News / Asia

    China's Economic Growth Surges

    China's economy grew at a strong pace in the first quarter of this year, but financial experts warn that the world's third-largest economy may be on the verge of overheating.

    China's economic growth rate surged to 11.9 percent for the first quarter of this year. The government also reports that the inflation rate was 2.2 percent, which is lower than the government's target.

    The economic expansion this quarter is nearly double that of the same period last year.

    Li Xiaochao, with the National Bureau of Statistics, said Thursday the government is so far pleased with results.

    Li says the government believes the figures show that the measures it is taking to respond to the global financial crisis are "correct and effective."

    Despite the strong numbers, Li said there are still many uncertainties that could hurt economic growth.

    Li said China faces many challenges - such as a drought in the southwest, constraints on farmers' income and high prices for industrial goods, which could affect efforts to meet the target of eight percent growth for the whole year.

    Stephen Green, the senior China financial analyst for Standard Chartered Bank in Shanghai, warns that the results hint at possible problems for the Chinese economy in the near future.

    "Yeah, we think it's signaling strong growth. The economy shows signs of overheating," he said.  "The government has already withdrawn some of its stimulus measures. It probably needs to do a little bit more, although there is a huge debate about that in Beijing at the moment."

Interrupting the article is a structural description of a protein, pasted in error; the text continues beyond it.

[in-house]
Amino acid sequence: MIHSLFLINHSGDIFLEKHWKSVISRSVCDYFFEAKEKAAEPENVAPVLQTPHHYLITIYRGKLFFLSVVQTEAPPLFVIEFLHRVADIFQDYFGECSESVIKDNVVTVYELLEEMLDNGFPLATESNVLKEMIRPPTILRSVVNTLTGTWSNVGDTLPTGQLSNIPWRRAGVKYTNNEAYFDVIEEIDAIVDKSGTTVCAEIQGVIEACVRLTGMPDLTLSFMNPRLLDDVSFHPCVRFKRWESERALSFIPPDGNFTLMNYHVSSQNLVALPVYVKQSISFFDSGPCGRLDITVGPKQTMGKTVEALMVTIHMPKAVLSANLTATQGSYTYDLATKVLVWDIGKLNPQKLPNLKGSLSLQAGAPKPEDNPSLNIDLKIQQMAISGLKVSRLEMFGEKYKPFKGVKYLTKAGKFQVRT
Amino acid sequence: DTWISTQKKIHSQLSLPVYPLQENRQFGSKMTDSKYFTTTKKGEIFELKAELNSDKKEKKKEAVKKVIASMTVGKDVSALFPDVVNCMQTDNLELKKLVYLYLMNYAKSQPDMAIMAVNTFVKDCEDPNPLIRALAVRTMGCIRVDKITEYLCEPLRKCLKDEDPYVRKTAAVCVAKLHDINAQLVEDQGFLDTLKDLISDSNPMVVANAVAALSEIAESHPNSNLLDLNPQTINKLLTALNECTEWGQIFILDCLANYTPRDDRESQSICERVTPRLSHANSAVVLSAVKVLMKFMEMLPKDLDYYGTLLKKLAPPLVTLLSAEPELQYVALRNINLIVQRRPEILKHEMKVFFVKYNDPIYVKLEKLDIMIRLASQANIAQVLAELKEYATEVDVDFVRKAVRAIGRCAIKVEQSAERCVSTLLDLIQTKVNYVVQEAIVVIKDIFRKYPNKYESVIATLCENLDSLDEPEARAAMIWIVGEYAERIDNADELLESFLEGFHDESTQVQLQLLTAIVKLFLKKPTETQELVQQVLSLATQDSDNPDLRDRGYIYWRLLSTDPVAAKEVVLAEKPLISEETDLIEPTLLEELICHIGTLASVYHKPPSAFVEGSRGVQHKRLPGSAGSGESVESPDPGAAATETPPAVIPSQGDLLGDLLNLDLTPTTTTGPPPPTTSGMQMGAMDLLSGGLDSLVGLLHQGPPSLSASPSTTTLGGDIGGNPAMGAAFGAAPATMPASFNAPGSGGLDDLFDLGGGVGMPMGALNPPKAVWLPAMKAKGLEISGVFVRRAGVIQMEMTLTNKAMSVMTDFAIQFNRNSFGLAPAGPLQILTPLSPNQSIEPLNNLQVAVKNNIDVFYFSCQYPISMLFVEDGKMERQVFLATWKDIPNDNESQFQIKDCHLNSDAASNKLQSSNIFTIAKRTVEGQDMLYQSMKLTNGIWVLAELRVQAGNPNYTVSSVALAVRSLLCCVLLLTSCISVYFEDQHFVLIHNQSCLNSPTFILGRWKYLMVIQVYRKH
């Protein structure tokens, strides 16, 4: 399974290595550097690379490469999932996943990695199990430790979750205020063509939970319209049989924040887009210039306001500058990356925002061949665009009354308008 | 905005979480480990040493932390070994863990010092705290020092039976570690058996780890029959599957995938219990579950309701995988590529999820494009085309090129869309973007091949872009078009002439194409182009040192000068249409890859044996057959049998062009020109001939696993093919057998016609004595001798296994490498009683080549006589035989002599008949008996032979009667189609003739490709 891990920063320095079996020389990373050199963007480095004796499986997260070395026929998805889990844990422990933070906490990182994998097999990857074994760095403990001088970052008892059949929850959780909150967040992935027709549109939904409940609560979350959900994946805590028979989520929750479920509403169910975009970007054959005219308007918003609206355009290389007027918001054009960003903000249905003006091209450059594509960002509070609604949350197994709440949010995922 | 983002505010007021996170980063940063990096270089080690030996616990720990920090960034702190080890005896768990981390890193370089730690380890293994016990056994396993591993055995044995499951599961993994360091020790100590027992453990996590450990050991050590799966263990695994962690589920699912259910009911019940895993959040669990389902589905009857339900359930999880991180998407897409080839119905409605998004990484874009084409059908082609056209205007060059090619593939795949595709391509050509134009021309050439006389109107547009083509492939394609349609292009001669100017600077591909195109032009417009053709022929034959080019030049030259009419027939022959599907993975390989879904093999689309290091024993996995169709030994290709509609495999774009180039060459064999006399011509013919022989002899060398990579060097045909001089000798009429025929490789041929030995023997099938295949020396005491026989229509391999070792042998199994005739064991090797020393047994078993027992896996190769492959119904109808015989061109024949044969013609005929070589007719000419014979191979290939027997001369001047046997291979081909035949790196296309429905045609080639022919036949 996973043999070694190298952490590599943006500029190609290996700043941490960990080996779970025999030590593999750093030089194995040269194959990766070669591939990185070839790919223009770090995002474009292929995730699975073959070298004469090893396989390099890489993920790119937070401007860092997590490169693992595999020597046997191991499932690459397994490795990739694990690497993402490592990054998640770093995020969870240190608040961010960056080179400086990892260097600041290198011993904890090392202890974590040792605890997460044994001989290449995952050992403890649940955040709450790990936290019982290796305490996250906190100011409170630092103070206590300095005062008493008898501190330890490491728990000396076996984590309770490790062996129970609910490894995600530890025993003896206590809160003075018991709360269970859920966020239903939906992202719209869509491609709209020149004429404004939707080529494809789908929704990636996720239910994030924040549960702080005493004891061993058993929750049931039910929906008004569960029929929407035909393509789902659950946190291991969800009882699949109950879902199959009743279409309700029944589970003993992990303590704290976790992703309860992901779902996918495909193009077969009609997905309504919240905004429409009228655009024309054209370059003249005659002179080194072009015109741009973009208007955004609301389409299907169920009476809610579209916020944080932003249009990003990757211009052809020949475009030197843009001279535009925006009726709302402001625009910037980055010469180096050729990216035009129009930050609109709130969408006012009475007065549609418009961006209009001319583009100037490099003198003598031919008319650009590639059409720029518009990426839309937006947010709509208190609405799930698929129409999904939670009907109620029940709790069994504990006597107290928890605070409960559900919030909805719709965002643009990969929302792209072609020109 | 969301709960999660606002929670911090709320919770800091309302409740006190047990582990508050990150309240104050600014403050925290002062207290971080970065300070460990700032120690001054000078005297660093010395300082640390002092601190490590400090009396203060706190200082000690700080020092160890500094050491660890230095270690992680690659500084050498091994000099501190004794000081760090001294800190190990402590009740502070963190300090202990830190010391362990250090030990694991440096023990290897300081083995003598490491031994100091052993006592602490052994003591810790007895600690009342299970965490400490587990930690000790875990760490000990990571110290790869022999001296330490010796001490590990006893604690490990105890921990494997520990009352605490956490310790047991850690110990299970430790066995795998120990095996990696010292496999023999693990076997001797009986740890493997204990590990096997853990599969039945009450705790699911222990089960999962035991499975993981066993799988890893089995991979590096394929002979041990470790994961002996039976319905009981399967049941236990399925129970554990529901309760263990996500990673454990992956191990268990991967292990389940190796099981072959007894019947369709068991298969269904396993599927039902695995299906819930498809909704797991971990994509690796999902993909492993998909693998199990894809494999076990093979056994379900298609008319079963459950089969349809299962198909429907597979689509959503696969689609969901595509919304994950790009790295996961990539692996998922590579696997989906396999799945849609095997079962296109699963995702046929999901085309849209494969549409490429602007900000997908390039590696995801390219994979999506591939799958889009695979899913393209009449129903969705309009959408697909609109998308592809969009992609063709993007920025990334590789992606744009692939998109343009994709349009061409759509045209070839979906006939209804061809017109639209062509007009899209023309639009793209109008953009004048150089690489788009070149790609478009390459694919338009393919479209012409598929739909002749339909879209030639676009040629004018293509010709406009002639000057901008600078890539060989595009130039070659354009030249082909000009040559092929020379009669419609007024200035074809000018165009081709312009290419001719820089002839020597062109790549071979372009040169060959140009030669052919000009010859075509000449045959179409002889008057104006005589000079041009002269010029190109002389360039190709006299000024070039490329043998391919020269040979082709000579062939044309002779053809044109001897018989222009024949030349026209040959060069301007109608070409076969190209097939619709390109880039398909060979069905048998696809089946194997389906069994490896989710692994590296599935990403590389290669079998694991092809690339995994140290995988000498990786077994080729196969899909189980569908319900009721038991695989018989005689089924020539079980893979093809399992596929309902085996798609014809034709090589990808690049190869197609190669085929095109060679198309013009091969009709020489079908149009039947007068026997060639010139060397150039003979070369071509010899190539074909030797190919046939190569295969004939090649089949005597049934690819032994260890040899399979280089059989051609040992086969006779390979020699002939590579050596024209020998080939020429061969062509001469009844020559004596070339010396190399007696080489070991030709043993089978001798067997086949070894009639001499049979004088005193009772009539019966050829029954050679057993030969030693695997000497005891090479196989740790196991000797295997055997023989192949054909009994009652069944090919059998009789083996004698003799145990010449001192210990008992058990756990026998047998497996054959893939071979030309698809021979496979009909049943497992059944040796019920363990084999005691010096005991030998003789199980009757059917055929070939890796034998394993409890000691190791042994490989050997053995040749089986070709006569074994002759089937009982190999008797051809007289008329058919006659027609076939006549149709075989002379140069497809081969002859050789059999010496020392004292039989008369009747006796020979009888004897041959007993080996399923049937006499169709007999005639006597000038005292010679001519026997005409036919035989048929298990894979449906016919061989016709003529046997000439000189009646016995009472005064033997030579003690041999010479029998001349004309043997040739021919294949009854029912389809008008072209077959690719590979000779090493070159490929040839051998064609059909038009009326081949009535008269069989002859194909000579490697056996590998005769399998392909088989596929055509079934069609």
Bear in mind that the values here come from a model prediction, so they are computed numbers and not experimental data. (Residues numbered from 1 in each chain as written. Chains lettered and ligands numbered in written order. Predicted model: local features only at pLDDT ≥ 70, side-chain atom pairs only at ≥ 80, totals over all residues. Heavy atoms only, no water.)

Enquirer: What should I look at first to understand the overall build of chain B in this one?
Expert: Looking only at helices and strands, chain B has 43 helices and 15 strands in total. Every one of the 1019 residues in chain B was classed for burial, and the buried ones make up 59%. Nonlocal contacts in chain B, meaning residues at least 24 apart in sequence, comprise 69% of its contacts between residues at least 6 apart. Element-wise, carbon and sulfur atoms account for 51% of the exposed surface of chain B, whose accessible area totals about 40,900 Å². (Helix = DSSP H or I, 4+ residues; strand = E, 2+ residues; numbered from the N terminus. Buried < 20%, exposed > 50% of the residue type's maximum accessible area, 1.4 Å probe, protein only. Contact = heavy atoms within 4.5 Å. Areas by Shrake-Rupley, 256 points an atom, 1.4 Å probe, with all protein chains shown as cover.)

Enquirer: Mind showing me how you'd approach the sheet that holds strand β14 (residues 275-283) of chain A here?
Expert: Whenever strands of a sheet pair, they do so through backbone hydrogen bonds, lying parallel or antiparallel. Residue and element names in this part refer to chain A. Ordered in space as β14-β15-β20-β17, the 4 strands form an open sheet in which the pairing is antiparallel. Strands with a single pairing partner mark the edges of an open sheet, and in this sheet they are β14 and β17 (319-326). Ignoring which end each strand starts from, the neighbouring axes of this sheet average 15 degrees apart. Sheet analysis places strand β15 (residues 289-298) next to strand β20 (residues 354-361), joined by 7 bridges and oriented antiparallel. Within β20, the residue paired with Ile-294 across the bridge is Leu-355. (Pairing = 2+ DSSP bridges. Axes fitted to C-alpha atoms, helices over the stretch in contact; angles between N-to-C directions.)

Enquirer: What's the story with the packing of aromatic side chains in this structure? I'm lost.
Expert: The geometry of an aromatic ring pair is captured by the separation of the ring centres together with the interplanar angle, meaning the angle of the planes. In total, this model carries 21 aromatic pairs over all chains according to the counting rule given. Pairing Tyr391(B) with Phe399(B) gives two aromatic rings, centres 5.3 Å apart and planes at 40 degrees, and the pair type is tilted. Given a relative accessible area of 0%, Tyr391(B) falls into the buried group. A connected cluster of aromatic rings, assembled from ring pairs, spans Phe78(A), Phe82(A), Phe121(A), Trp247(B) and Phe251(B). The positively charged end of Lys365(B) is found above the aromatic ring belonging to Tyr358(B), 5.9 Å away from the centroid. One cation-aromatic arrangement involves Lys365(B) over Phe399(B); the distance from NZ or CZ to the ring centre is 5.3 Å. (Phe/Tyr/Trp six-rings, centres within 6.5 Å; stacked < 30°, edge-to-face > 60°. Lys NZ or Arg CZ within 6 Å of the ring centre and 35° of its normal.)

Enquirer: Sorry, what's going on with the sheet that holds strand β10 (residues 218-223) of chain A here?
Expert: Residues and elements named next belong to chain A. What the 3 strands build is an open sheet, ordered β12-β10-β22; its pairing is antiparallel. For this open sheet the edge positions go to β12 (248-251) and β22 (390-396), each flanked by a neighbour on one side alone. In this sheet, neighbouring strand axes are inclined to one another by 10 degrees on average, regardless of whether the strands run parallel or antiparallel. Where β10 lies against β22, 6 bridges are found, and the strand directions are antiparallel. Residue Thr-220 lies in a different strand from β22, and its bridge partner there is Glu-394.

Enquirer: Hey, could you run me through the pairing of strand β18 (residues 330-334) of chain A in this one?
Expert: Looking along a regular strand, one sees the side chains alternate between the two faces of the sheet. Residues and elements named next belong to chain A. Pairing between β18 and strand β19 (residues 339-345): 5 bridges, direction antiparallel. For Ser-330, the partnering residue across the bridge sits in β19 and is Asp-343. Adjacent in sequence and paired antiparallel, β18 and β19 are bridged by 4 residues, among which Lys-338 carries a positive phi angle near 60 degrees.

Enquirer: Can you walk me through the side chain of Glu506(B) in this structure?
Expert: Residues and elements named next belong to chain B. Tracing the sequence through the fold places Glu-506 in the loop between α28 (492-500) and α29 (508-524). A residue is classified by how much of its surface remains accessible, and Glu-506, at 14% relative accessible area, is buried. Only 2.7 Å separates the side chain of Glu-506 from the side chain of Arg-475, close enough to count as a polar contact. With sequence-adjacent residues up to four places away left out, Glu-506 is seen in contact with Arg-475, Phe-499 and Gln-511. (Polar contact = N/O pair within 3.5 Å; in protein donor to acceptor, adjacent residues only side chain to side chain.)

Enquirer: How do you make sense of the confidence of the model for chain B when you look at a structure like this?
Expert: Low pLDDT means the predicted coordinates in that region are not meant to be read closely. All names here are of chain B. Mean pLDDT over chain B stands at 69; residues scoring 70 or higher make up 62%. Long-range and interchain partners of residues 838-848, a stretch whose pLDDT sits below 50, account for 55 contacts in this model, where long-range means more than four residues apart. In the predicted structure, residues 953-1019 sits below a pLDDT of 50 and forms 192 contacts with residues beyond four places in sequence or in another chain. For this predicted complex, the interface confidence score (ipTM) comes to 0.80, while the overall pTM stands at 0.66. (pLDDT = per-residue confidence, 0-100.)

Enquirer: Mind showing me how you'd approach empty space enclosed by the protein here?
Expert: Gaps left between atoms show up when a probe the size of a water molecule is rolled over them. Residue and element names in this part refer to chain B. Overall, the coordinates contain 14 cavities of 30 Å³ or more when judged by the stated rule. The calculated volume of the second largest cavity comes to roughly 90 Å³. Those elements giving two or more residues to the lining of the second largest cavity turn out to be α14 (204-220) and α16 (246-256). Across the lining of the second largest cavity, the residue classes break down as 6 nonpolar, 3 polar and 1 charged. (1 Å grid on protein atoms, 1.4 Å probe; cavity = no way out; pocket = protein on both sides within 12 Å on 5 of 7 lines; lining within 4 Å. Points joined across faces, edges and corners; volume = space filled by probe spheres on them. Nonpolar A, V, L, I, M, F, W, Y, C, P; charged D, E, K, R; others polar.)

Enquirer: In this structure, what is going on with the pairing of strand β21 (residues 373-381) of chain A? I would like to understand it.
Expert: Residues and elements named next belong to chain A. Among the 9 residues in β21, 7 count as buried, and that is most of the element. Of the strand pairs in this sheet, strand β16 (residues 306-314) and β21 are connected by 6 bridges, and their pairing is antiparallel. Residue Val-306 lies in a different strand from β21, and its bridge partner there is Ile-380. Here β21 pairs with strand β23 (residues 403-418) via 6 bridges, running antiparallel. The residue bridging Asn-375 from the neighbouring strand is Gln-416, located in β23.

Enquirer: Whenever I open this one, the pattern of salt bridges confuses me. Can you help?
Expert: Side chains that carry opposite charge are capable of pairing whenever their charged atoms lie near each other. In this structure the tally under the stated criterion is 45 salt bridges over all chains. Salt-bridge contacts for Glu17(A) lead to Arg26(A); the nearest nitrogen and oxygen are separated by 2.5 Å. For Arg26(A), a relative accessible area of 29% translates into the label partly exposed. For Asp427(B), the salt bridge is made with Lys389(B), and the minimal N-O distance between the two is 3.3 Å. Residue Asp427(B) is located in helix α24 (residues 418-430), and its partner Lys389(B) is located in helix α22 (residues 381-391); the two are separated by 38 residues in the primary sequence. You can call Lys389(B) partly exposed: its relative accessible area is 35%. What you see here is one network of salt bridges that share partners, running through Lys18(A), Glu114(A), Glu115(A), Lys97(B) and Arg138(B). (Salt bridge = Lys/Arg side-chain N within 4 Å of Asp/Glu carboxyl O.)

An economy that expands too rapidly, or overheats, can experience price inflation and see costs for assets such as real estate and stocks rise to unsustainable levels. In China, inflation is a particular concern because much of the population still lives on a less than $1,000 a year, and rapidly rising food and housing costs could spark protests.

    At a meeting Wednesday, China's cabinet reviewed the data and said the country would stick to its "appropriately loose" monetary stance and the active fiscal policy adopted at the height of the global financial crisis in late 2008.

    However, also Wednesday, the government said housing prices are rising too fast, and Beijing cannot ignore what it described as the growing monetary and fiscal policy risks.

    The latest data show China is on its way to overtake Japan as the world's second largest economy, behind the United States. China's gross domestic product last year was $4.9 trillion, just behind Japan's $5.1 trillion.

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